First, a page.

IDEAS home Printed from https://ideas.repec.org/a/oup/jecgeo/v13y2013i1p53-83.html
   My bibliography  Save this article

How polycentric is a monocentric city? Centers, spillovers and hysteresis

Author

Listed:
  • Gabriel M. Ahlfeldt
  • Nicolai Wendland

Abstract

We assess the extent to which firms in an environment of decreasing transport costs and industrial transformation value the benefits of proximity to a historic CBD and agglomeration economies in their location decisions. Taking a hybrid perspective of classical bid-rent theory and a world where clustering of economic activity is driven by between-firm spillovers, Berlin, Germany, from 1890 to 1936 serves as a case in point. Our results suggest that the average productivity effect of a doubling of between- firm spillovers over the study period increases from 3.5% to 8.3%. As the city transforms into a service-based economy, several micro agglomerations emerge. Their locations close to the CBD still make the city look roughly monocentric. This is in line with a hysteresis effect in which second-nature geography drives the ongoing strength of a historic city center even though the importance of the originally relevant first-nature geography has vanished.
(This abstract was borrowed from another version of this item.)

Suggested Citation

  • Gabriel M. Ahlfeldt & Nicolai Wendland, 2013. "How polycentric is a monocentric city? Centers, spillovers and hysteresis," Journal of Economic Geography, Oxford University Press, vol. 13(1), pages 53-83, January.
  • Handle: RePEc:oup:jecgeo:v:13:y:2013:i:1:p:53-83
    as

    Download full text from publisher

    File URL: http://hdl.handle.net/10.1093/jeg/lbs013
    Download Restriction: Access to full text is restricted to subscribers.

    As the access to this document is restricted, you may want to look for a different version below or search for a different version of it.

    Other versions of this item:

    References listed on IDEAS

    as
    1. Edward L. Glaeser, Jed Kolko, and Albert Saiz, 2001. "Consumer city," Journal of Economic Geography, Oxford University Press, vol. 1(1), pages 27-50, January.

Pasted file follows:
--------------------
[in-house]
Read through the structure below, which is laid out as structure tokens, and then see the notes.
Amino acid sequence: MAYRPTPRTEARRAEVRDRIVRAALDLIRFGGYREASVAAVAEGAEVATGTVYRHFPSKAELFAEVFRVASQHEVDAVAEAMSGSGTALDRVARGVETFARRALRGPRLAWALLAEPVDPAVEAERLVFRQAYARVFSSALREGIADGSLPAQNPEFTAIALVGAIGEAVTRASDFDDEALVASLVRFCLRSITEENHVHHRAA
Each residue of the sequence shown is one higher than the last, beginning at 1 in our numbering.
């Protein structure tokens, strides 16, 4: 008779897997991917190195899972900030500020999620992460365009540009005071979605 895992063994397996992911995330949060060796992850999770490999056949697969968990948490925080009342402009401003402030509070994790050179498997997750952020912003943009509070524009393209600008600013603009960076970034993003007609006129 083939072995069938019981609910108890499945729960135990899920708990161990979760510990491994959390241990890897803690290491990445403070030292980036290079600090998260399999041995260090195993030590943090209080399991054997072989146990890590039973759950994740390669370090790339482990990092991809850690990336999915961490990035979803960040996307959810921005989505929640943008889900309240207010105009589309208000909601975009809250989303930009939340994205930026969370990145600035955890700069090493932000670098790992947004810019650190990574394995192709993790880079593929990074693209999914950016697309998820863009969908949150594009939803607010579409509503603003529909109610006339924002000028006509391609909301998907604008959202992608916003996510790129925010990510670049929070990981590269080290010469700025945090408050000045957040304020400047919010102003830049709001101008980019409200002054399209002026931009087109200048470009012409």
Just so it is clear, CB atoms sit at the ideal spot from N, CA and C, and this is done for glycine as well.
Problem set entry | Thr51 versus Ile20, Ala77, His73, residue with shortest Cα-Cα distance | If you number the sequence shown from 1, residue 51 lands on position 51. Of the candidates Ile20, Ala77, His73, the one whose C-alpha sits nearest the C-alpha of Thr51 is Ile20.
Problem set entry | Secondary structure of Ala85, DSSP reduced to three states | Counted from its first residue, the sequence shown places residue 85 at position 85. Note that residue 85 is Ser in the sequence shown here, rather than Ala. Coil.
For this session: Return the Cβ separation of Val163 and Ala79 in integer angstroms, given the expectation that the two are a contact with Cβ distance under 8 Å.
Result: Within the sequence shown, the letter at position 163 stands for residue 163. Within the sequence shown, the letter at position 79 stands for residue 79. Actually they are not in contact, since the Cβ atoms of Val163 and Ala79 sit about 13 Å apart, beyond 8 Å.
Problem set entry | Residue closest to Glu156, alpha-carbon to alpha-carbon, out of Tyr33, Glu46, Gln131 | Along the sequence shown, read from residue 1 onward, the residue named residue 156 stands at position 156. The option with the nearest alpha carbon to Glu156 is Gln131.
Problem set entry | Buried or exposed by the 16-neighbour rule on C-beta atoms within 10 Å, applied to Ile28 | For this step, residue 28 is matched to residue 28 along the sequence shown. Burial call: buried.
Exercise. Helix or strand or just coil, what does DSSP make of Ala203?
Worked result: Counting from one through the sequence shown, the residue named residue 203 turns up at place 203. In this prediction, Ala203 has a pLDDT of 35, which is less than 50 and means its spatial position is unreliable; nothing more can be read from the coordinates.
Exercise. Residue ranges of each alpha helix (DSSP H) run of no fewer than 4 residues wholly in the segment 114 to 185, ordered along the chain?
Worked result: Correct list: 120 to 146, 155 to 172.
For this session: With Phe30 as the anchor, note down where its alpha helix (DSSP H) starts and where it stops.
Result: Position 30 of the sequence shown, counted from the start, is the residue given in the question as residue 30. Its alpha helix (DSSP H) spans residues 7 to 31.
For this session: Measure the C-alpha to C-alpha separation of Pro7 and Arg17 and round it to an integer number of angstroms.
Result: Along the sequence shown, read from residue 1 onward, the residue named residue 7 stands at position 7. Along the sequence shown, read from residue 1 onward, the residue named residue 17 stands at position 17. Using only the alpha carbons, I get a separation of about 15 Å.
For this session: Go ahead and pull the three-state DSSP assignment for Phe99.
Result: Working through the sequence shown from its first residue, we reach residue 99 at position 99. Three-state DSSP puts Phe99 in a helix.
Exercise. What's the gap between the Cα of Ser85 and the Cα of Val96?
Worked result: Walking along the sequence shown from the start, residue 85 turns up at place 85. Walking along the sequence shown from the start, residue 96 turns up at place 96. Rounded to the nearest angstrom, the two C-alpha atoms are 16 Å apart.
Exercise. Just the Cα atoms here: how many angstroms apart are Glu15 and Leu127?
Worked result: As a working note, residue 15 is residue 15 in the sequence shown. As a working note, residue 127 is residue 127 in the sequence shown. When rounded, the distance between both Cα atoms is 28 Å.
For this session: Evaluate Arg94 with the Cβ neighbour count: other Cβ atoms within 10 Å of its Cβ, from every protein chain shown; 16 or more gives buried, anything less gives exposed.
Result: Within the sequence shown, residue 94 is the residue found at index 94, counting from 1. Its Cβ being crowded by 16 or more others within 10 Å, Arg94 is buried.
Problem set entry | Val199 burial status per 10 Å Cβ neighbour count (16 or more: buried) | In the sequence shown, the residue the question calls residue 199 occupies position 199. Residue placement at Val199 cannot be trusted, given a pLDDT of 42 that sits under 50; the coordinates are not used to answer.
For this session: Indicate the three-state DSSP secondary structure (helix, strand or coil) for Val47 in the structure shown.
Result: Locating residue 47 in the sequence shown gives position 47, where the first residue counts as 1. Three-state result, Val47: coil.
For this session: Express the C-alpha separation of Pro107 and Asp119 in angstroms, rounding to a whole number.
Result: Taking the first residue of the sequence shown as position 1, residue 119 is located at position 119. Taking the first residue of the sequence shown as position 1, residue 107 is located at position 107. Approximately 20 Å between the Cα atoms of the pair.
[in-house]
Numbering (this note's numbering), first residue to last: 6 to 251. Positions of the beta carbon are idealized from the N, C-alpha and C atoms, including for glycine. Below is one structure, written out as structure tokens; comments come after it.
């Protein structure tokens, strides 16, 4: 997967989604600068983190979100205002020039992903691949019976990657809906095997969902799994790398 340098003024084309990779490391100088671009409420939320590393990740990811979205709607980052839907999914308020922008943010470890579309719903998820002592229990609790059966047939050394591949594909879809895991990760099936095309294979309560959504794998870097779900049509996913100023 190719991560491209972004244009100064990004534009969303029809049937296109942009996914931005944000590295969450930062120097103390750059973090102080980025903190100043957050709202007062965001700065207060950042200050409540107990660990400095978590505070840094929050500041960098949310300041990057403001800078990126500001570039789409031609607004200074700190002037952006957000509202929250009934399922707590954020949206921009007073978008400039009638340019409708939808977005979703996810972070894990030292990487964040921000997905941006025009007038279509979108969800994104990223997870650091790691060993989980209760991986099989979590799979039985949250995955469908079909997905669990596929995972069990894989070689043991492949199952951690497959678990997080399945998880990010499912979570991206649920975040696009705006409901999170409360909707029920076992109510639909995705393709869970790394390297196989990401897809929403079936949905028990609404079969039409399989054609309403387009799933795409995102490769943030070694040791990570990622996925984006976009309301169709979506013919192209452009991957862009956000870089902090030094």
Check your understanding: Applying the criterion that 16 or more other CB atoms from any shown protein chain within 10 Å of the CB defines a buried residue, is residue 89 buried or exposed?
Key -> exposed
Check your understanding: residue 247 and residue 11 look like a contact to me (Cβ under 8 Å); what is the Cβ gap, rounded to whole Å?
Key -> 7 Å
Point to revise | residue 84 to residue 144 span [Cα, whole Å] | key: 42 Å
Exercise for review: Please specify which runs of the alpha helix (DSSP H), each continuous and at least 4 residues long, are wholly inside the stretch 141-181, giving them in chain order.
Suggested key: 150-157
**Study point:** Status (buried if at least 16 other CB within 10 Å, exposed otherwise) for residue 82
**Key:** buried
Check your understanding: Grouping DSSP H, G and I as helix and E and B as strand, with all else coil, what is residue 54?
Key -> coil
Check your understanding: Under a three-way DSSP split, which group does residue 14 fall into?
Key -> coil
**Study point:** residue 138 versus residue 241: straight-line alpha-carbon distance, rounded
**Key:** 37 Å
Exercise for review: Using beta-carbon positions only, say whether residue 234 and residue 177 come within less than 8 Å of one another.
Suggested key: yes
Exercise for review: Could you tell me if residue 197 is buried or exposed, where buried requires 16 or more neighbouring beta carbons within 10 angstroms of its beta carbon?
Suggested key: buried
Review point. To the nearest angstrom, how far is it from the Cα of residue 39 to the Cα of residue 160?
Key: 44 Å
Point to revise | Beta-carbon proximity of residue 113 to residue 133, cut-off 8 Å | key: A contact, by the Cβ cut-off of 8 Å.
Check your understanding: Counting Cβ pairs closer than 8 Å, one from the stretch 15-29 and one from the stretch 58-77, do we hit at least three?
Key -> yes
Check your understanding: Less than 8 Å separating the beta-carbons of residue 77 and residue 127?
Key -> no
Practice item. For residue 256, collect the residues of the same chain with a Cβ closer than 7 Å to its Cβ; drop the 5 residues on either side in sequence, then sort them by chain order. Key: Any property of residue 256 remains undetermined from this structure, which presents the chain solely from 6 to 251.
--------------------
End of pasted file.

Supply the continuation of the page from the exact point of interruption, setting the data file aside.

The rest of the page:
2. Ciccone, Antonio, 2002. "Agglomeration effects in Europe," European Economic Review, Elsevier, vol. 46(2), pages 213-227, February.
    3. Henderson, J V, 1974. "The Sizes and Types of Cities," American Economic Review, American Economic Association, vol. 64(4), pages 640-656, September.
    4. Plaut, Pnina Ohanna & Plaut, Steven E., 1998. "Endogenous Identification of Multiple Housing Price Centers in Metropolitan Areas," Journal of Housing Economics, Elsevier, vol. 7(3), pages 193-217, September.
    5. Helsley, Robert W., 1990. "Knowledge and production in the CBD," Journal of Urban Economics, Elsevier, vol. 28(3), pages 391-403, November.
    6. Esteban Rossi-Hansberg & Pierre-Daniel Sarte & Raymond Owens, 2010. "Housing Externalities," Journal of Political Economy, University of Chicago Press, vol. 118(3), pages 485-535, June.
    7. Berliant, Marcus & Konishi, Hideo, 2000. "The endogenous formation of a city: population agglomeration and marketplaces in a location-specific production economy," Regional Science and Urban Economics, Elsevier, vol. 30(3), pages 289-324, May.
    8. E Heikkila & P Gordon & J I Kim & R B Peiser & H W Richardson & D Dale-Johnson, 1989. "What happened to the CBD-distance gradient?: land values in a policentric city," Environment and Planning A, Pion Ltd, London, vol. 21(2), pages 221-232, February.
    9. Redding, Stephen & Venables, Anthony J., 2004. "Economic geography and international inequality," Journal of International Economics, Elsevier, vol. 62(1), pages 53-82, January.